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Thermopylae in the Ardennes

How six battalions of the 99th Infantry Division held off five Wehrmacht Divisions for 36 hours and ruined the plans of 6th Panzer Army for a quick breakout in Hitler's Ardennes counteroffensive of December 1944


104 N. Water St., Chestertown MD 21620

Expanded version of a presentation at the 99th Infantry Division Association annual convention, Crystal City VA, Aug. 31, 2007. Doherty was with H/393. He is the author of "The Shock of War," a history of the battle for the Elsenborn Ridge in December 1944.

The 99th Division moved to the Western Front in mid-November 1944. The sector assigned fronted Germany's fortified West Wall. It extended from the picturesque little town of Monschau on the headwaters of the Roer River, all the way south to the Losheim Gap, Germany's historic route for breaking into Belgium and France.

The distance covered by the 99th's front line was 23 miles — as the crow flies. But soldiers and their machines are not crows. Given the lay of the land in the eastern Ardennes region, the many obstacles on the ground, and time of the year with winter coming on, a 23-mile-long line can't even begin to suggest the actual amount of front line the 99th's three infantry regiments would be defending.

The high hills, trackless forests, marshes and farmers' fields, and the few villages connected by poor roads or none at all were more suitable for guerrilla warfare than for warfare between mechanized armies.

Nonetheless, Adolph Hitler, the absolute ruler of Germany and its armies, thought otherwise. He personally selected the sector occupied by the 99th for invasion by his favorite army, the newly created 6th Panzer Army. It was heavy with Panzers and would have a tough time with the terrain.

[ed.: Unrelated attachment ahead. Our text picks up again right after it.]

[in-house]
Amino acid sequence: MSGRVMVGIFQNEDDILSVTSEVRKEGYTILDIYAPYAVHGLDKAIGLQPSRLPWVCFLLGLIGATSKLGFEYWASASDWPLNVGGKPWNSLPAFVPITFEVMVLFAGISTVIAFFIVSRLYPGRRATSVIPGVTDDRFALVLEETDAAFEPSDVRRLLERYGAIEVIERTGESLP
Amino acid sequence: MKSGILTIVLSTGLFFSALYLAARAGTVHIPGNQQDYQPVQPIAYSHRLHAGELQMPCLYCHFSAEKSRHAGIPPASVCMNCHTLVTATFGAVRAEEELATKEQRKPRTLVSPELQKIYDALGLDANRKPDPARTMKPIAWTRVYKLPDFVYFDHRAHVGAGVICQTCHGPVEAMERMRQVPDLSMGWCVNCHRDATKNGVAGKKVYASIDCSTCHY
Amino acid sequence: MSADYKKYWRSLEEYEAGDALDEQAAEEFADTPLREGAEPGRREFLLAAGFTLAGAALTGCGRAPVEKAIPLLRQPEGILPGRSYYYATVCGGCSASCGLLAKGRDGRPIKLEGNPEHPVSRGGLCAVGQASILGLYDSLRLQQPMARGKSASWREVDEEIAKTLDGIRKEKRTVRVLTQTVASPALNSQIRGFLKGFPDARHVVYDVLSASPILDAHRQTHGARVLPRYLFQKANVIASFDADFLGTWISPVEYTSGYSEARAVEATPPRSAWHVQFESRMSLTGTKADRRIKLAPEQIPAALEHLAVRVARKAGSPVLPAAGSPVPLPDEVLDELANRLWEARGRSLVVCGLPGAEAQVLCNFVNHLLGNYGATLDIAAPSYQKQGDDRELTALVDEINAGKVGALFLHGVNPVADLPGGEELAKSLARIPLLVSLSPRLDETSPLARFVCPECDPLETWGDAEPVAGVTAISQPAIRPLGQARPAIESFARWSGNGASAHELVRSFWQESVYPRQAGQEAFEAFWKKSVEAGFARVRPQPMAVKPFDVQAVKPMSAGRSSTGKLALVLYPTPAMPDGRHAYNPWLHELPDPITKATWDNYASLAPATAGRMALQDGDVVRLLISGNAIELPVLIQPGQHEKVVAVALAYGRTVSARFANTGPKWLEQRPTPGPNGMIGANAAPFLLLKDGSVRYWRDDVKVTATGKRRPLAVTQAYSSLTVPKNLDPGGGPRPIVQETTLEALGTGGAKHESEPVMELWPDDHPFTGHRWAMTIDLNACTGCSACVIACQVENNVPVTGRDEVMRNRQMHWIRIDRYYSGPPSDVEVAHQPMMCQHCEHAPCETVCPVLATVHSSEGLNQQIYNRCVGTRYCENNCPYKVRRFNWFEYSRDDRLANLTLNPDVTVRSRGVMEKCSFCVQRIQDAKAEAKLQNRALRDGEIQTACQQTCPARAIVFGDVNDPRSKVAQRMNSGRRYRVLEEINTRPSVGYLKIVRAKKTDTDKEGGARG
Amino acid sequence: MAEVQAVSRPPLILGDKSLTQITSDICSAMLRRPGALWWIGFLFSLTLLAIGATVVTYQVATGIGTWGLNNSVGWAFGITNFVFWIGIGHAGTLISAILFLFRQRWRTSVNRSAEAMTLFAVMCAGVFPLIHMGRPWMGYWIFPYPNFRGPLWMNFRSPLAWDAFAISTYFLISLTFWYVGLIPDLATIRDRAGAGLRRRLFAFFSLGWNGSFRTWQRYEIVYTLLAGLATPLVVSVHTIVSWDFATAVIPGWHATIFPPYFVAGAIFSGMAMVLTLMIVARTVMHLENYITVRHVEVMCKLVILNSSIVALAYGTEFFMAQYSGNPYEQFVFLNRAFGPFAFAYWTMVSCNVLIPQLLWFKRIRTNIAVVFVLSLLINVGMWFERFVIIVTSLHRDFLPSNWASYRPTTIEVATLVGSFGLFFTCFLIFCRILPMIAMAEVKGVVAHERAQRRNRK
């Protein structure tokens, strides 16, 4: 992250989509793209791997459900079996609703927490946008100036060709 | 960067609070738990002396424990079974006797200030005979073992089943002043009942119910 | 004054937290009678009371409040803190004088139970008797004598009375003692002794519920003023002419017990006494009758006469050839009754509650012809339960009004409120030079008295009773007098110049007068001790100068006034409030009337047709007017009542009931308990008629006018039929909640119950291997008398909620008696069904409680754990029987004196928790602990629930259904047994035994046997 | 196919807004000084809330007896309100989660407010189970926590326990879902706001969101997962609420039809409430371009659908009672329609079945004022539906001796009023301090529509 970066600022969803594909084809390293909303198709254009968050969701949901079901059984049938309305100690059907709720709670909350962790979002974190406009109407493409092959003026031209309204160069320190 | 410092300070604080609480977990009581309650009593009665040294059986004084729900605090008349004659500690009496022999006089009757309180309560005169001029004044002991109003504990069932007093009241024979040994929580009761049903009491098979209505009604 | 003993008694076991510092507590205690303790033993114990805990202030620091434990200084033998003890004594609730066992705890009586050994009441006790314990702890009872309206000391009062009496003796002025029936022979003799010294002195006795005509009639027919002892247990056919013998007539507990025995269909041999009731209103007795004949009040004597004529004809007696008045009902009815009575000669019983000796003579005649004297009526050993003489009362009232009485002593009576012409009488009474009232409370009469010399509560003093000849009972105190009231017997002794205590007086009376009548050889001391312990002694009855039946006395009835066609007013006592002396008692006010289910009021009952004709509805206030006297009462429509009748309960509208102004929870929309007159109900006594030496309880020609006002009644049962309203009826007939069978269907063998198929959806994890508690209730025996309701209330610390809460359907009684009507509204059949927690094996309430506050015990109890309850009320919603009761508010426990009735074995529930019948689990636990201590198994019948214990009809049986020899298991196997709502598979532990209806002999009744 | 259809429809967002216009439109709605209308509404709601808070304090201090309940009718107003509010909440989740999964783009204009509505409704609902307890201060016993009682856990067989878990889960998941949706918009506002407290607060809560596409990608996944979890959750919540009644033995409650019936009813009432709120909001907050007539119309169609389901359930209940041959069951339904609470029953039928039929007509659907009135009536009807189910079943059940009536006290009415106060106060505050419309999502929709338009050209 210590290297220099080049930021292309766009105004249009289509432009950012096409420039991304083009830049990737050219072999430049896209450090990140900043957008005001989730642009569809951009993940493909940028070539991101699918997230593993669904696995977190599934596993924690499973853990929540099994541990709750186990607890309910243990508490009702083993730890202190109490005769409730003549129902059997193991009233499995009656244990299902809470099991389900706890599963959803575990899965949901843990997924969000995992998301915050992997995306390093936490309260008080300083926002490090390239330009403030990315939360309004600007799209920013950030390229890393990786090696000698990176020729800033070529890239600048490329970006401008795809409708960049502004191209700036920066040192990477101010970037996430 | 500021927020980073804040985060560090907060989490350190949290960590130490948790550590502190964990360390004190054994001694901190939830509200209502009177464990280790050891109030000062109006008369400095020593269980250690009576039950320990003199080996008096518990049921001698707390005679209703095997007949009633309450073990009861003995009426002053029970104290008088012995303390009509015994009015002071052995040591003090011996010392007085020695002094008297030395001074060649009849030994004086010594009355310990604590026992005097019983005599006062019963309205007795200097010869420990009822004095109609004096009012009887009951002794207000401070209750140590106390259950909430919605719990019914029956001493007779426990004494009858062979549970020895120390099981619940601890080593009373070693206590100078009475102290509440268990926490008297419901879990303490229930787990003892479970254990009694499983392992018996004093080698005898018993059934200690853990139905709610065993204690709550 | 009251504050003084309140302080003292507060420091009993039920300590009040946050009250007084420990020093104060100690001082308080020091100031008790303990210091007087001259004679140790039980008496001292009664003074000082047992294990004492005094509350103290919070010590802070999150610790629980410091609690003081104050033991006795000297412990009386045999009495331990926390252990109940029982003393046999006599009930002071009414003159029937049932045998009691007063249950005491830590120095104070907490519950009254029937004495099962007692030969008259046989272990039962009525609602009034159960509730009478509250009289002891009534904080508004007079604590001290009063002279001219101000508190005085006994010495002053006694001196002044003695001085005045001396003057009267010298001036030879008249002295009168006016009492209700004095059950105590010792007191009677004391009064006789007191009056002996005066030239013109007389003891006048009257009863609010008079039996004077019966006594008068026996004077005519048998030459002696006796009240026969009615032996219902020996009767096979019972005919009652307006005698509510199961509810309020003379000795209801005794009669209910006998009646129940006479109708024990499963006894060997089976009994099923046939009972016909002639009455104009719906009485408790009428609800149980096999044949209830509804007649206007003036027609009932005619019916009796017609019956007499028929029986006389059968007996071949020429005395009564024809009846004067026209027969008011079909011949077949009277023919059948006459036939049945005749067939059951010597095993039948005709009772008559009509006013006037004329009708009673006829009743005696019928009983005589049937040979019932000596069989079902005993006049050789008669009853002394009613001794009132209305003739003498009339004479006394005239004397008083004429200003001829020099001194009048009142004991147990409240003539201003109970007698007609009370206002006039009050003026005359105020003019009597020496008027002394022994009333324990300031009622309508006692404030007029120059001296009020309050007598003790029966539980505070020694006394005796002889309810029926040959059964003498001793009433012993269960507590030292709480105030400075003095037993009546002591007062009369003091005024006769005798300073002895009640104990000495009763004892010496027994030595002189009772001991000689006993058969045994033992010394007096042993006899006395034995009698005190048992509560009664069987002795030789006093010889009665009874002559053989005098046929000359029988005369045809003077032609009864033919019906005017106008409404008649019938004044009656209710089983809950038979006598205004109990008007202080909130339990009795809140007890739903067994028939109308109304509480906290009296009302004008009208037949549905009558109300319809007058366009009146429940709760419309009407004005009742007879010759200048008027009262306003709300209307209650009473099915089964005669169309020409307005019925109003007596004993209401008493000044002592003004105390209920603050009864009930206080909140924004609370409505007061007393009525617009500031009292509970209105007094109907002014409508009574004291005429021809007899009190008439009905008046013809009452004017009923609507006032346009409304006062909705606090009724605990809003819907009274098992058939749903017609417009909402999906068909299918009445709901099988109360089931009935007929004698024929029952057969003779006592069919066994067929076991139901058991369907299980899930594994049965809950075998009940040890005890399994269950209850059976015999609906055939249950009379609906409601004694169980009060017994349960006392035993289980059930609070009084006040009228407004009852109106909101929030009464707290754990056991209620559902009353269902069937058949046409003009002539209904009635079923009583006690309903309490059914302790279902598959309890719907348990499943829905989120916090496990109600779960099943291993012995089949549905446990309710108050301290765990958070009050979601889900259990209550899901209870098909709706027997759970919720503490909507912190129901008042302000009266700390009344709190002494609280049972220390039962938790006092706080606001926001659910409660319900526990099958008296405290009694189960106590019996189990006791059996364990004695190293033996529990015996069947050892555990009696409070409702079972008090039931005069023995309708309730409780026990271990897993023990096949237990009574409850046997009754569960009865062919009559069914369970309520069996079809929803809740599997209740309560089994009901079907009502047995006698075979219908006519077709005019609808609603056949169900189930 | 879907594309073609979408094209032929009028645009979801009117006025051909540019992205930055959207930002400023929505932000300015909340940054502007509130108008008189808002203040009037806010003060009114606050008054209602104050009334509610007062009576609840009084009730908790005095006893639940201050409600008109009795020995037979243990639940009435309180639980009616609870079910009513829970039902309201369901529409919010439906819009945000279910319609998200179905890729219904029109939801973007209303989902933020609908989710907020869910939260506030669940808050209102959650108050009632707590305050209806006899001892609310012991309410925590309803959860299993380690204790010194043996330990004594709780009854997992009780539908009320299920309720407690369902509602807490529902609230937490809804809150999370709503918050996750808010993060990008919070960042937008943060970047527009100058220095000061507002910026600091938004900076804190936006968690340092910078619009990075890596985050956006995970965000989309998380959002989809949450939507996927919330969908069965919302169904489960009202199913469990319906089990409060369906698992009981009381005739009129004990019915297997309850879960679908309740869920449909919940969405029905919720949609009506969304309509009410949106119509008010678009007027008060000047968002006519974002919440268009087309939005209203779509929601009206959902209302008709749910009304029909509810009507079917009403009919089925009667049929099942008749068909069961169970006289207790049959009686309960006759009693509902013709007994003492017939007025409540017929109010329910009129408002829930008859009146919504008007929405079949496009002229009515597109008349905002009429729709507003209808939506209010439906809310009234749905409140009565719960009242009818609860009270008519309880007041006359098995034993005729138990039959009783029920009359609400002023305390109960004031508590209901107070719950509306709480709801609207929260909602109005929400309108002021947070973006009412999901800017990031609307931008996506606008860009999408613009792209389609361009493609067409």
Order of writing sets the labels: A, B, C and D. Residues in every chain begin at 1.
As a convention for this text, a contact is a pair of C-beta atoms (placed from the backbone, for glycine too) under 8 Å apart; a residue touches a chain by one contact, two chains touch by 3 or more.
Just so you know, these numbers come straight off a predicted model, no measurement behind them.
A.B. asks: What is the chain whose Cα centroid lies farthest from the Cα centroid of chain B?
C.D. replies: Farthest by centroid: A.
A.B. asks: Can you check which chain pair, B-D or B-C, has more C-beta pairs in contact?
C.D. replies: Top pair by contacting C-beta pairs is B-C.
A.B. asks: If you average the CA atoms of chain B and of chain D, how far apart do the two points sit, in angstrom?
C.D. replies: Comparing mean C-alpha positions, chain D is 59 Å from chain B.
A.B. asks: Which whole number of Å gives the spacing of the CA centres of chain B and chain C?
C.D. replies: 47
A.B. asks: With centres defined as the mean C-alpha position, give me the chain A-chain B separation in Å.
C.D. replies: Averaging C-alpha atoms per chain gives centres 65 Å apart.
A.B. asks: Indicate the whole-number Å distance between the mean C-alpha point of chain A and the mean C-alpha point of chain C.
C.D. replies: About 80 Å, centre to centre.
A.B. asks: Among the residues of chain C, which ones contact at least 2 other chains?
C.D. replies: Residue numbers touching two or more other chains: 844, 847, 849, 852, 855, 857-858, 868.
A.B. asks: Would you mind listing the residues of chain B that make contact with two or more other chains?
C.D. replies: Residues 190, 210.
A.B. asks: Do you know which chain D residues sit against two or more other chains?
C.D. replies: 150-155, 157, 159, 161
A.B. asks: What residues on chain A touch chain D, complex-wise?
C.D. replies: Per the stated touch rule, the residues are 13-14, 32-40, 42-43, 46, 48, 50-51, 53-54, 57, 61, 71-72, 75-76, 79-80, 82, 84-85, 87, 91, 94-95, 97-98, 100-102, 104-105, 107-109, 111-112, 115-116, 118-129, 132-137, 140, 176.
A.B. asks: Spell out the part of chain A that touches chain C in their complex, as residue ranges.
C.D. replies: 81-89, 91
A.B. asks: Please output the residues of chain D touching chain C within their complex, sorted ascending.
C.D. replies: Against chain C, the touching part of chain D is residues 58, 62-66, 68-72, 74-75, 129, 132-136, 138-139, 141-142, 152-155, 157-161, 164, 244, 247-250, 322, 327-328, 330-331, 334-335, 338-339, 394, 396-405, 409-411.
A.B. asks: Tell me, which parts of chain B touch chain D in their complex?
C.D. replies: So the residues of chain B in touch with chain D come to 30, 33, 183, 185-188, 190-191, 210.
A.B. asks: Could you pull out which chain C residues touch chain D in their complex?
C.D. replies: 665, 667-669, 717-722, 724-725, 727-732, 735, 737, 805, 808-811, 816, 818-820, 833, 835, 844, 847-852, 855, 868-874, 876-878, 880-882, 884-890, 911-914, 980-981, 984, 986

Sixth Panzer Army's 1st Panzer Korps with its attached 67th Infanterie Korps was the most formidable aggregation of armed might in the Wehrmacht's Ardennes counteroffensive of December 1944.

It brought to the front — and from that, mind you, was mostly in the area occupied by the 99th — the following power:

— Two SS Panzer Divisions, each with 20,000 men and boys and 200 tanks and other armored fighting vehicles.

— One Panzergrenadier Division, well armed with mobile, armored assault guns.

— One Luftwaffe ground division of infantry — paratroopers they were called, but weren't — poorly trained and led but large in numbers and determination.

— Four infantry divisions — called Volksgrenadiers.

— A battalion of Tiger tanks.

And all of this power on the ground was supported by 1,000 artillery and Werfer (rocket throwing) tubes.

The sector in eastern Belgium held by the 99th was the gateway for the infantry and armor of 1st SS Panzer Korps right wing to reach their first objective, the Meuse River near Liege, Belgium. They were not about to let a little enemy infantry division new to the front hold them up one single hour after they struck.

Six 99th Division battalions were particular targets for this aggregation of power. They occupied respectively:

— A village south of Monschau called Hofen. (For all locations, see map.)

— A vital — for the Germans — logging road through the woods to two little towns, the Twin Towns we all called them, because they were pretty much joined together. They were located halfway between the 99th's front in the woods and the Elsenborn Heights.

— And the most critical of all in the plans of 1st SS Panzer Korps, the Losheimergraben Crossroads, where two major highways came together at a custom post on what had been the German-Belgium border.

Lieutenant Colonel McClernand Butler's 3rd Battalion, 395th Infantry, occupied Hofen. The 38th Cavalry Recon Squadron was in Monschau and the village close by west of it.

Following an enormous artillery and rocket barrage that brought down many houses in Hofen and set Butler's command post afire, two battalions of the 326th Volksgrenadiers came marching in files in the glow of searchlights.